Fiber, Fiber, Fiber
Transitioning to a plant-based lifestyle can be rough initially if you’re not used to the increased amount of fiber in your diet.
Many people are concerned about their protein intake and therefore, they try to add in a lot more beans and legumes into their meals.
While adding more beans and legumes is great because of the dense nutrients found in them, it is quite a change for most.
This is because the Standard American Diet (S.A.D.) consists of more protein needed for sustenance but is deficient in fiber from plant foods.
Soluble vs. Insoluble Fiber
Fiber improves health and helps prevent and even reverse disease. Therefore, it’s very important that you learn more about different sources, as well as, different types.
Soluble fiber utilizes water to form a gel inside your intestines. This is extremely helpful for lowering cholesterol and for regulating blood sugar. It does this by binding with fat and by slowing down the absorption of glucose.
Examples of soluble fiber include oatmeal, peas, beans, nuts, ground flax seed, fruit and vegetables.
Insoluble fiber assists soluble fiber by moving it through your intestinal tract. It is also known as a ‘bulking’ fiber because it bulks up in your stomach assisting soluble fiber. While it does that it promotes a healthy gut.
Insoluble fiber includes prebiotic foods such as inulin found in artichokes and chicory.
Other insoluble fiber foods include green, leafy vegetables, fruit skins, bran and root vegetable skins.
The best and worst thing about beans and legumes is that they have good amounts of both soluble and insoluble fiber.
They also have fibers called oligosaccharides which ferment in your gut causing flatulence.
This may help explain why they can be difficult to digest. It’s possible that the gas you may be experiencing is warning you that you are constipated or have undigested food in your gut. The beans are trying to clear that out! The oligosaccharides help with this process.
I highly recommend that while you are transitioning to a plant based lifestyle that you add high fiber foods into your diet slowly.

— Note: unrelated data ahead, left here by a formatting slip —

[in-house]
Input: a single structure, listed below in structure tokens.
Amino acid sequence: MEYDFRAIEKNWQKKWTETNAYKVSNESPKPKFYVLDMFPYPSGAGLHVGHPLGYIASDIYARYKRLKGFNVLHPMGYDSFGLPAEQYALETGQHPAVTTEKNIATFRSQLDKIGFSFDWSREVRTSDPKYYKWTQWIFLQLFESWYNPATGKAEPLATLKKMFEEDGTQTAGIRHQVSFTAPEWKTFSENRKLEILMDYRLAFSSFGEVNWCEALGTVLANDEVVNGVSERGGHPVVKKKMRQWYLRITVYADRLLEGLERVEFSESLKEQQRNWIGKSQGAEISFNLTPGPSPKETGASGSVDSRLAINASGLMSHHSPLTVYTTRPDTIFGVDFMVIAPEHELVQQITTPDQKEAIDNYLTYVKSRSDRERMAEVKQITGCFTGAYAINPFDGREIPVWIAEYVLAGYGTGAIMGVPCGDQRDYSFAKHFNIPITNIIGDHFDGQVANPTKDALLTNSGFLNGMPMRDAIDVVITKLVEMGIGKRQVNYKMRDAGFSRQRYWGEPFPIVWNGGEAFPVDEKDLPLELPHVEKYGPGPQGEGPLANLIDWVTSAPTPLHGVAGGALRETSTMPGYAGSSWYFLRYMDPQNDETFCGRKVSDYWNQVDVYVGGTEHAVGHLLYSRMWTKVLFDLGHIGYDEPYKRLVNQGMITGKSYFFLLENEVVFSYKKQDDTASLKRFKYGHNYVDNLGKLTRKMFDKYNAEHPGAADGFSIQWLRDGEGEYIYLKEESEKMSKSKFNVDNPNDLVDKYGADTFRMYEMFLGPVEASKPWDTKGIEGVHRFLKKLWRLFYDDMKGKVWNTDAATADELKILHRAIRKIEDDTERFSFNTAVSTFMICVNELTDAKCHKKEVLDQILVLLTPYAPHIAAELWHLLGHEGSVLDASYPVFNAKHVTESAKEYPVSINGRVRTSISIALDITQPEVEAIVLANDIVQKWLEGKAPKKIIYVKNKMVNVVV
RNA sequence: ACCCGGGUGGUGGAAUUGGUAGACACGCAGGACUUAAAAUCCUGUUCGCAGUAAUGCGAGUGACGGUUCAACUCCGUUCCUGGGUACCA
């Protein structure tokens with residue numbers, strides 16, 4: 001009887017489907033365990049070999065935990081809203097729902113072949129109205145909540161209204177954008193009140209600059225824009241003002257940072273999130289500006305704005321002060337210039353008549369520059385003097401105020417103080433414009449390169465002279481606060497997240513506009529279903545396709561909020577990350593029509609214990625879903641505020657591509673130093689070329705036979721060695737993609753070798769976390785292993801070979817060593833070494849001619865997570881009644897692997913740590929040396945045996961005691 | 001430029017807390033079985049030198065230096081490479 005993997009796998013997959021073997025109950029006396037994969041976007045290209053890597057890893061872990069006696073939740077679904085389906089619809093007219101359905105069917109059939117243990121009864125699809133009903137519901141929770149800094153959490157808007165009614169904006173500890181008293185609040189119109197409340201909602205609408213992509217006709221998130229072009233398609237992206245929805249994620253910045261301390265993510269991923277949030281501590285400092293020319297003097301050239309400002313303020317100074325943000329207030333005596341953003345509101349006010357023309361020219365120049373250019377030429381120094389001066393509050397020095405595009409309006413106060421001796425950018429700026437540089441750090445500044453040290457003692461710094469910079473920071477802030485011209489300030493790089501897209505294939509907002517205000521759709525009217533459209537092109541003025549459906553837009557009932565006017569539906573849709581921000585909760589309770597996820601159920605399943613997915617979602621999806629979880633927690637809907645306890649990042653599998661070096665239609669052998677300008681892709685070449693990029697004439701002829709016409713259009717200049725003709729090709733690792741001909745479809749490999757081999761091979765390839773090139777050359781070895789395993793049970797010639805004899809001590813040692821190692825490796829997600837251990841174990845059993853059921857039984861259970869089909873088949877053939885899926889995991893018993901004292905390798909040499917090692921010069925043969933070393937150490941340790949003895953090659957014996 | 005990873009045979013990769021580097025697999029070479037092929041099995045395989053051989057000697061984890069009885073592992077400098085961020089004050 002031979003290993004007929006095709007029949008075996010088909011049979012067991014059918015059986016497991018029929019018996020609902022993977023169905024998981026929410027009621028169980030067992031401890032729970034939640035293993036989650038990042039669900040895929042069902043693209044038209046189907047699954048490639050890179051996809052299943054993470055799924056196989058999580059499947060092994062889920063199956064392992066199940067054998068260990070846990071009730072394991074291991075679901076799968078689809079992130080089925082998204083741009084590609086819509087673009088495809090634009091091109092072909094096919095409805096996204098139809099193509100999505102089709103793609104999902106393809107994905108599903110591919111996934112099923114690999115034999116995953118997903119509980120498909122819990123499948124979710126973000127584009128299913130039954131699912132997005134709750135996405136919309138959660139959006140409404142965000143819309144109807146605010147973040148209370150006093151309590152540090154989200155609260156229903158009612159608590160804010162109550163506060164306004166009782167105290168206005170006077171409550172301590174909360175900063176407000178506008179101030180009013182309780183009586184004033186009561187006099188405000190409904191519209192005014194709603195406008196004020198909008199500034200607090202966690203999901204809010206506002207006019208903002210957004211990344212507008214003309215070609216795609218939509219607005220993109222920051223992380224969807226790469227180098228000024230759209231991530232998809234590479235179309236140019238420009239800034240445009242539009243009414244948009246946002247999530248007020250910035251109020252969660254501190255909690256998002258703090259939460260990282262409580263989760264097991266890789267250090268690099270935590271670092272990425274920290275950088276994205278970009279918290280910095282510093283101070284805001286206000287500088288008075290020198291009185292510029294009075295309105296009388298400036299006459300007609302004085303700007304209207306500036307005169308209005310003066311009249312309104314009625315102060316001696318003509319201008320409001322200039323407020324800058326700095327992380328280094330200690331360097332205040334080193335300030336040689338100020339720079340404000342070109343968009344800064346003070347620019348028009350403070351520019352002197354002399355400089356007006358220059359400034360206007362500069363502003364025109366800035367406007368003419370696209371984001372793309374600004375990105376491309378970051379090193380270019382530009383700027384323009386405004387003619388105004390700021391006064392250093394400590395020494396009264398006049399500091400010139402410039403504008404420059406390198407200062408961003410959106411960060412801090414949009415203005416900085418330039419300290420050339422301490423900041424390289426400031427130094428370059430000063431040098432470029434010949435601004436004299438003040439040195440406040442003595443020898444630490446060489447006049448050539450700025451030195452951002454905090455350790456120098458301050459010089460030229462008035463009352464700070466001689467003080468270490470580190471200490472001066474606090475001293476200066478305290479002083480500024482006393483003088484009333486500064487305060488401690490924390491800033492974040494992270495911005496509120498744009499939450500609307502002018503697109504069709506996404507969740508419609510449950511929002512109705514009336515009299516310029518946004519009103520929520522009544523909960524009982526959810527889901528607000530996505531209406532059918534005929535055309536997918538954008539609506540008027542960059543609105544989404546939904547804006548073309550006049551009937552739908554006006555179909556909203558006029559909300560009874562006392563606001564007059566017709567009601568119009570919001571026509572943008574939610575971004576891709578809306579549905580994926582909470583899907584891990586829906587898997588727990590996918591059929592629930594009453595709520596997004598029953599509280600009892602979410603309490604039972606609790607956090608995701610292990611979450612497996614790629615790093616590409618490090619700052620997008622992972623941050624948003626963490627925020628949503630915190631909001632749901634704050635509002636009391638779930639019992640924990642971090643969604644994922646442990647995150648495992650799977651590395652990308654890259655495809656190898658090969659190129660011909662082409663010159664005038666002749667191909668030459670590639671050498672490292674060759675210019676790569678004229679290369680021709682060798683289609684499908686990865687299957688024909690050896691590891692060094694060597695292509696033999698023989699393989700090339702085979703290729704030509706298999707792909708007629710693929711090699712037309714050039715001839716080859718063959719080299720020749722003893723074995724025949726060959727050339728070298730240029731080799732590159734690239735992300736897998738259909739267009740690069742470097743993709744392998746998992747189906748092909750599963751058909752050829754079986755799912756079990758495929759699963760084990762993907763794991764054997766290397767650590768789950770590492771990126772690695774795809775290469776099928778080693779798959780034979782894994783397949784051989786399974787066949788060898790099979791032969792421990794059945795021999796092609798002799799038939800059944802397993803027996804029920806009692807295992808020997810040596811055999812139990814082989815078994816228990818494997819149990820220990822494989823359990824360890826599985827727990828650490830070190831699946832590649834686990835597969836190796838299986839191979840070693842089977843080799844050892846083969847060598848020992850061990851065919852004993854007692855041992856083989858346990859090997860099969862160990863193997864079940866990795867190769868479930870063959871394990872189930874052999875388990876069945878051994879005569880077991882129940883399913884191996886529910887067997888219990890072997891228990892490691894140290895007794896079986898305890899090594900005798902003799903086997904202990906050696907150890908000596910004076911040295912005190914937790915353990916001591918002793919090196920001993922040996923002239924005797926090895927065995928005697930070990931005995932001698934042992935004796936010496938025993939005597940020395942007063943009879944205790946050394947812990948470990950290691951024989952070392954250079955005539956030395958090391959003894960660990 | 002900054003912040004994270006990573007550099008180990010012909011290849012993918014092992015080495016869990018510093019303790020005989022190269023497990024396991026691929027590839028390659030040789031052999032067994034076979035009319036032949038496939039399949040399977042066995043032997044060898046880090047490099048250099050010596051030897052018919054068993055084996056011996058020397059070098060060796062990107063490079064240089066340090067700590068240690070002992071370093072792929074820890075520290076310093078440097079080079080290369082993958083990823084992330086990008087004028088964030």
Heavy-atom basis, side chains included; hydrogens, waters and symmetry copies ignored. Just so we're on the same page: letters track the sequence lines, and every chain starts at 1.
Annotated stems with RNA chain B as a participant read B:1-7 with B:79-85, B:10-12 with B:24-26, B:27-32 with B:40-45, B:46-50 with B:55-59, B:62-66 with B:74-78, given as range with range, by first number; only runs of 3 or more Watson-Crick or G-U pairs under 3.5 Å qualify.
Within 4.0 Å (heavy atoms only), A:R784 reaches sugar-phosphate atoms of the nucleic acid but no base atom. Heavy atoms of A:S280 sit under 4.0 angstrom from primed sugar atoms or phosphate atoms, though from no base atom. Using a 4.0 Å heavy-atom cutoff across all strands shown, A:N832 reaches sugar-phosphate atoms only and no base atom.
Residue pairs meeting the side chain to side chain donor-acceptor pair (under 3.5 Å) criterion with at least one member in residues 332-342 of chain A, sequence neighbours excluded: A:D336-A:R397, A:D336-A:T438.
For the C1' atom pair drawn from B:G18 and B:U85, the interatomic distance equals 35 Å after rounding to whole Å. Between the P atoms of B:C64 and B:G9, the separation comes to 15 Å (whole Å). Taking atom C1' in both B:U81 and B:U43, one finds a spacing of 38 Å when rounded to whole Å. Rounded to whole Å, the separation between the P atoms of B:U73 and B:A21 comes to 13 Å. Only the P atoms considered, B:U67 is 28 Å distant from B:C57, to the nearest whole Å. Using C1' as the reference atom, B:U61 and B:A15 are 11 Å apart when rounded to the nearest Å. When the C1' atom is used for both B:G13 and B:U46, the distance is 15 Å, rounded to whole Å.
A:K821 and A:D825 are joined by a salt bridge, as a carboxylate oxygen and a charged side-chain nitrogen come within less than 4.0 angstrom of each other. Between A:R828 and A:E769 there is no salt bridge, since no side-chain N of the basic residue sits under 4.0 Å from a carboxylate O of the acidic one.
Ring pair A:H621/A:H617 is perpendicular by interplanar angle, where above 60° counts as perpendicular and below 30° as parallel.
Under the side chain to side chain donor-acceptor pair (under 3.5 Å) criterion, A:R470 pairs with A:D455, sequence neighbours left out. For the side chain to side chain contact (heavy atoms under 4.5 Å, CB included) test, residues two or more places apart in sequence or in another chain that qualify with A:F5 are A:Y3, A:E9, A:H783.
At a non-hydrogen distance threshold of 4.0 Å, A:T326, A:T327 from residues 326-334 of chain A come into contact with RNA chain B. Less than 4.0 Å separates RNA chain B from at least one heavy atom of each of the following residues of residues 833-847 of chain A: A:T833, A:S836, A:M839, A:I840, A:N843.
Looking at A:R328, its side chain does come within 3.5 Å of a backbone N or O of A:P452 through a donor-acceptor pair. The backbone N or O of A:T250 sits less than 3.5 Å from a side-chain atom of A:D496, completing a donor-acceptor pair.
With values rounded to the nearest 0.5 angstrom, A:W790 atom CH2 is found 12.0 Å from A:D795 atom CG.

If you are used to eating these type of foods then you will be okay, but for others, there is definitely a transition period.
This could be said about anything.
I suggest you take your time, for example, start off with 1/4 cup of black beans on your salad a couple of times a week. Then increase it to 1/2 cup of bean soup a couple of times a week or make some spicy garbanzo beans as a snack (see recipe below). Try some hummus or bean dip with veggies as an appetizer shared with friends on the weekend.
Just don’t go all out in one sitting because you may cause yourself some unnecessary digestive embarrassment.
Be kind to yourself and if needed try some Digestive Enzymes with your meals. This may be used as an aid but otherwise let your body adjust accordingly.
Your patience with this process is well worth it because there are far too many health benefits to consuming beans.
According to research concluded by the National Institute of Health, eating legumes assists with reversing disease. One study which included a randomized, control group revealed that consuming legumes had a cholesterol-lowering effect in only 3 weeks.
In a similar study, subjects with type 2 diabetes followed a diet which replaced two servings of red meat with legumes 3 days per week. Scientists found significant improvements with the legume group for lowering bad cholesterol, as well as, improved insulin levels.
With this little bit of information on beans, are you ready to put more on your plate? Check out my recipe below.
Baked Garbanzo Bean Snack
1 can (15 oz.) garbanzo beans a.k.a. chickpeas, drained
1 tsp coconut oil
1/4 tsp cayenne
1/4 tsp ground cumin
1/8 tsp sea salt
- Preheat oven to 375°F. After draining beans, pat dry with a paper towel or lint-free kitchen towel.
- Arrange beans on a baking sheet in a single layer and roast for about 40 minutes or until golden brown.
- In a medium bowl, combine spices with the coconut oil. Add this mixture to your beans after you remove them from the oven. Then enjoy after they’ve cooled a bit. Feel free to store them in your fridge for about 5 days.
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